Atopic diseases, including seasonal and perennial allergic rhinitis, asthma, atopic dermatitis, and food allergy, affect a significant proportion of the United States population. Specific host inflammatory patterns characterize these allergic responses. Whether the innate or adaptive immune responses are recruited for a specific antigen, the signature of cytokines secreted will identify this inflammatory pattern and, in the presence of the correct cellular infiltrate, will yield enhanced T helper 2 (Th2), or allergic, inflammation. A description of the various cell types involved in allergic inflammation and the inflammatory responses leading to allergy, including innate and adaptive immunity, are presented in this chapter. Specific pharmacologic modulation utilizing monoclonal antibodies is also discussed.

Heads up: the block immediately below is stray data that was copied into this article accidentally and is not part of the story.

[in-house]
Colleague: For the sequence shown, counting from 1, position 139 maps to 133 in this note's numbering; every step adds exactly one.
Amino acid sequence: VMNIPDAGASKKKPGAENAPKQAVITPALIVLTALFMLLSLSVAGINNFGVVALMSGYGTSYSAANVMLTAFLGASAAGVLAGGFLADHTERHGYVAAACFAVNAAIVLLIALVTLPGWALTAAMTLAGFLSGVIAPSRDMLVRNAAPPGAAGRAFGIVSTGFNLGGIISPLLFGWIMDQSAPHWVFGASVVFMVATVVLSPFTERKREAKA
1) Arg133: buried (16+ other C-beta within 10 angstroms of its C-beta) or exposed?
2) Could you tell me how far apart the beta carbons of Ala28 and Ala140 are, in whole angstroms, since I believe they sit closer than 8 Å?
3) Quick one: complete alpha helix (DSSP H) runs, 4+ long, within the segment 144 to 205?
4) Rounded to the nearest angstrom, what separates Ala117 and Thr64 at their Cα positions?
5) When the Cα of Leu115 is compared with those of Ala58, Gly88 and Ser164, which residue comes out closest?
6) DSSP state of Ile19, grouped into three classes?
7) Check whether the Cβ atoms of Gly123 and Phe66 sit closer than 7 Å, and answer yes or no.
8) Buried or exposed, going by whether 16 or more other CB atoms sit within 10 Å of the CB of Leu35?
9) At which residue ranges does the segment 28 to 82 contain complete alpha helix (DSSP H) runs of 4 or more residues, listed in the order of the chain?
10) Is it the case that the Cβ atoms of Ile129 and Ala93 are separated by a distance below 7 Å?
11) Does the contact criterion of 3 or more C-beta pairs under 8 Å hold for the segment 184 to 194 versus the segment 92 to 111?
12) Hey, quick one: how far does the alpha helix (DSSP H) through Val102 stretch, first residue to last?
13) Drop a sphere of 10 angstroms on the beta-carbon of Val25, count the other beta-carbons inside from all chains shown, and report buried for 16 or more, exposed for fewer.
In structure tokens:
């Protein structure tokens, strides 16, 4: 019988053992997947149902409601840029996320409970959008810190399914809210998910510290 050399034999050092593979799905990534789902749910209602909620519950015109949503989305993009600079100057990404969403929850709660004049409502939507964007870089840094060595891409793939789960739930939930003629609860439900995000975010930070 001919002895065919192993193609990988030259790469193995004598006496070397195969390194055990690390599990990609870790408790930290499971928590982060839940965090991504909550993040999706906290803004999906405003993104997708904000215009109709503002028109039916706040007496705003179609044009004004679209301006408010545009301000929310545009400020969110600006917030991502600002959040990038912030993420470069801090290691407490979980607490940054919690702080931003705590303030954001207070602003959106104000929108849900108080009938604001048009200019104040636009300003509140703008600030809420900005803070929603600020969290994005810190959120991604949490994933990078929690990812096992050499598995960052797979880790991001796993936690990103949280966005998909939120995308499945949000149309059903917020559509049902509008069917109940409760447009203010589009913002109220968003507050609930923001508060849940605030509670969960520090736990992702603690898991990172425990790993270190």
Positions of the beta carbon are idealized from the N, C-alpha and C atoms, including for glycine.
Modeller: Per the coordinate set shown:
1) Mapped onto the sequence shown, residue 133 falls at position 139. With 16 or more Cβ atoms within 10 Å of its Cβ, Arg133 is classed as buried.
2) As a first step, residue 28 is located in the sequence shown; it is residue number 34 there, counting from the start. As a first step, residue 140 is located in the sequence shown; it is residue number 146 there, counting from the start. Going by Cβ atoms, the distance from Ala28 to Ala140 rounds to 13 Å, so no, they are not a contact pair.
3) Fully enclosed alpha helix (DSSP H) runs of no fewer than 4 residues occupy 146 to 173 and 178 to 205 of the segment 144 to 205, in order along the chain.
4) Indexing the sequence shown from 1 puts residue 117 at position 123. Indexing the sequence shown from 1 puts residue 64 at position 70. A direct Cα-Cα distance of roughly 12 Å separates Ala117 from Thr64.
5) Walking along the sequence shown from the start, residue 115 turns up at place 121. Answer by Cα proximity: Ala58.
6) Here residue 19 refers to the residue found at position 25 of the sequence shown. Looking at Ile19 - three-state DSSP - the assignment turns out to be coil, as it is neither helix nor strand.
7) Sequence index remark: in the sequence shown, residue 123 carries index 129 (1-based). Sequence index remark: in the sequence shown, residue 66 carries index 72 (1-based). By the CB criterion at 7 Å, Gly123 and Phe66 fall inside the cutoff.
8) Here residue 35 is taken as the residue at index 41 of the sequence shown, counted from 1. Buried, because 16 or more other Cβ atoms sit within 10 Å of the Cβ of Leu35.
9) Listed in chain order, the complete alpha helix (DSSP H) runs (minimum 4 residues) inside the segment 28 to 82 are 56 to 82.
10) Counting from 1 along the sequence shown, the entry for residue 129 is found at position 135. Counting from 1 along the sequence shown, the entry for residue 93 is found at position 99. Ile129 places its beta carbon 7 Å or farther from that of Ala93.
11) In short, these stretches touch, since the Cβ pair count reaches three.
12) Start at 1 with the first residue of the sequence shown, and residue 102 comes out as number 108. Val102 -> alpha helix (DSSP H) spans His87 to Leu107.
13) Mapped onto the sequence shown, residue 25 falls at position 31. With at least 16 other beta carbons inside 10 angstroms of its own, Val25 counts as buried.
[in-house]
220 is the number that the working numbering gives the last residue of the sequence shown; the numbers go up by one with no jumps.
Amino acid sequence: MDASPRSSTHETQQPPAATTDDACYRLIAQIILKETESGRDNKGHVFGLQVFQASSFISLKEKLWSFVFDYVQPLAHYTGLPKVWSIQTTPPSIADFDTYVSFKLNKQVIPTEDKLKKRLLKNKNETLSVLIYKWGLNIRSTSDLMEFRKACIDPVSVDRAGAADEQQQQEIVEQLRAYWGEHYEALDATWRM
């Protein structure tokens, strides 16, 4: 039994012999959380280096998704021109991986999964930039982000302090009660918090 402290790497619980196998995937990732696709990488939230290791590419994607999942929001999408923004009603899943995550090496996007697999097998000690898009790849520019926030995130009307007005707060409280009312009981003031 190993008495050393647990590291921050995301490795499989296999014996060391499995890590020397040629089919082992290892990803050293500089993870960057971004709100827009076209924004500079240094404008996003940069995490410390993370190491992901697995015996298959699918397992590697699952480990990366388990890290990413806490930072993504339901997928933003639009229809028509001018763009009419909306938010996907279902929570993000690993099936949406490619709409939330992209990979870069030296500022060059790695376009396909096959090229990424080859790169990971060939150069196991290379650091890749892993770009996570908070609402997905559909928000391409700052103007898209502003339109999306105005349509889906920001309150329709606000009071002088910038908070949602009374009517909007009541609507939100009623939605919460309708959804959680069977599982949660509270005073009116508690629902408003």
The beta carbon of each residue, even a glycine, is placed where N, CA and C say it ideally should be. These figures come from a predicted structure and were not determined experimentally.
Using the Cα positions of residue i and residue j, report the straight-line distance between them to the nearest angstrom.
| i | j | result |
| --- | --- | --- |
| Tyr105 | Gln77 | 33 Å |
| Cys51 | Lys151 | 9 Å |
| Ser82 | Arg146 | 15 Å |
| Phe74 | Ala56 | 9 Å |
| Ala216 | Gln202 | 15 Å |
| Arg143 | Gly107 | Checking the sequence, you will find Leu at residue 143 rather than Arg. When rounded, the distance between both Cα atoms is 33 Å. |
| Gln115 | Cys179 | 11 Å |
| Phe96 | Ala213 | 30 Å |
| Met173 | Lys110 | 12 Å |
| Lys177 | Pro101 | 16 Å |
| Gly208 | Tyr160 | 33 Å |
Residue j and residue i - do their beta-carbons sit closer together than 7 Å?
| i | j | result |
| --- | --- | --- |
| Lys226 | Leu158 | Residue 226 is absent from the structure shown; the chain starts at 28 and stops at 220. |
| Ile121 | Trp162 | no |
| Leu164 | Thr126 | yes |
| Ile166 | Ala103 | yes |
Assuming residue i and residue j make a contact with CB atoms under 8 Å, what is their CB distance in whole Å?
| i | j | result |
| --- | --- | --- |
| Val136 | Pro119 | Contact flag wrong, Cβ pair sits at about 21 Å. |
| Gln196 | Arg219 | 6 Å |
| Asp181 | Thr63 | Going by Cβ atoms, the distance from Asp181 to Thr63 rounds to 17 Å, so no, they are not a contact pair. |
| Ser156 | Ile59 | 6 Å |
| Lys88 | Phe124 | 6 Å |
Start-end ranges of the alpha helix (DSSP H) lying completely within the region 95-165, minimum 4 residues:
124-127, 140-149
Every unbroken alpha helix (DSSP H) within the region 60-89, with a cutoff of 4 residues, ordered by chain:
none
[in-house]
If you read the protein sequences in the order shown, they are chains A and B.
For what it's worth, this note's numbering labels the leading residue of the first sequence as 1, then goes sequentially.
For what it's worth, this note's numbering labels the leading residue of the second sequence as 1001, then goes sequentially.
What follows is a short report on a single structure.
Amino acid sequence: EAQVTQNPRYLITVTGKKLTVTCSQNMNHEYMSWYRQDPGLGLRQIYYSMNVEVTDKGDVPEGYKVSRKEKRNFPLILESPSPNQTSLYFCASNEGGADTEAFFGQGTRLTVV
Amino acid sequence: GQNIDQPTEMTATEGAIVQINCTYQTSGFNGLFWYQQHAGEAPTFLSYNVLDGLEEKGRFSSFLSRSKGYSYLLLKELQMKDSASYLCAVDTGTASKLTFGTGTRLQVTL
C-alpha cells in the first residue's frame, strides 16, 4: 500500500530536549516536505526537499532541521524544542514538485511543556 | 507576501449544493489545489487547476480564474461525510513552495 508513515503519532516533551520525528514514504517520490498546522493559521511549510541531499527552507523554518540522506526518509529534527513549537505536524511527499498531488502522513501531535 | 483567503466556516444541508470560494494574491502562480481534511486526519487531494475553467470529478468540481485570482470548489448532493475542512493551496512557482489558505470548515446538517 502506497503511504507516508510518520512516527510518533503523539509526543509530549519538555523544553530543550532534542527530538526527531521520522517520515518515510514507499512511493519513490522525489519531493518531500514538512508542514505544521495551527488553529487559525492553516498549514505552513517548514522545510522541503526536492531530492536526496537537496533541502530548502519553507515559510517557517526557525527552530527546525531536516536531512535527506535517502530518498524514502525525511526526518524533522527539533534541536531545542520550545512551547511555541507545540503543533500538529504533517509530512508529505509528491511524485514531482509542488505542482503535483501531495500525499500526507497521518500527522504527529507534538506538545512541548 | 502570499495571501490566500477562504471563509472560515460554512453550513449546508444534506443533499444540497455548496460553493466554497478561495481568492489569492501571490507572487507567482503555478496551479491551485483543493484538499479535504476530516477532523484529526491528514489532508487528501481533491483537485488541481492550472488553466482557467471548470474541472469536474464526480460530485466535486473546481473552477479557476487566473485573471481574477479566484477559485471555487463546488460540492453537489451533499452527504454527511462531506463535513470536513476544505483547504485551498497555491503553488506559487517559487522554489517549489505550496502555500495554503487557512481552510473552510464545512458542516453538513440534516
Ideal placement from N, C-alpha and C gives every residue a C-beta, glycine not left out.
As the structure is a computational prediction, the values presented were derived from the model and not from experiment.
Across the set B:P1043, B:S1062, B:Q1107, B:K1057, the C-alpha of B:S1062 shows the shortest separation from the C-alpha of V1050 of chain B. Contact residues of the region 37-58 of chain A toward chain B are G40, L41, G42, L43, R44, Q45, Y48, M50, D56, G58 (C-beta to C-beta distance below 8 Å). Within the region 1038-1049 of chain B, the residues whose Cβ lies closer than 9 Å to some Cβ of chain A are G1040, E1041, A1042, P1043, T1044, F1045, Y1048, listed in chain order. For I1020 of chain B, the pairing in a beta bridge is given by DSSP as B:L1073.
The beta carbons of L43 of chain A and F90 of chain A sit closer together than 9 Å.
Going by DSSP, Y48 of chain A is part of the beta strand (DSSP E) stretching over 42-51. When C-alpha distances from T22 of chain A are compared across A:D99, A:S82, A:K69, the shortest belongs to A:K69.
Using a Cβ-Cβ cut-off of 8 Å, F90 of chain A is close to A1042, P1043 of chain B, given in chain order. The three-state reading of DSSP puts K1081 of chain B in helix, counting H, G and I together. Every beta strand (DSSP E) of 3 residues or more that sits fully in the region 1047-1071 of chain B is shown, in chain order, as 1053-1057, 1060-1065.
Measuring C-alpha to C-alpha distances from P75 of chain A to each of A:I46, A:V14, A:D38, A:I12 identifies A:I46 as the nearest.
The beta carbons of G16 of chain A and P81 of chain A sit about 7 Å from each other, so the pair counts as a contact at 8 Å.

Keywords: Adaptive Immunity, Allergic Inflammation, Cytokines and Allergy, Pharmacologic Modulation, Th2 inflammation.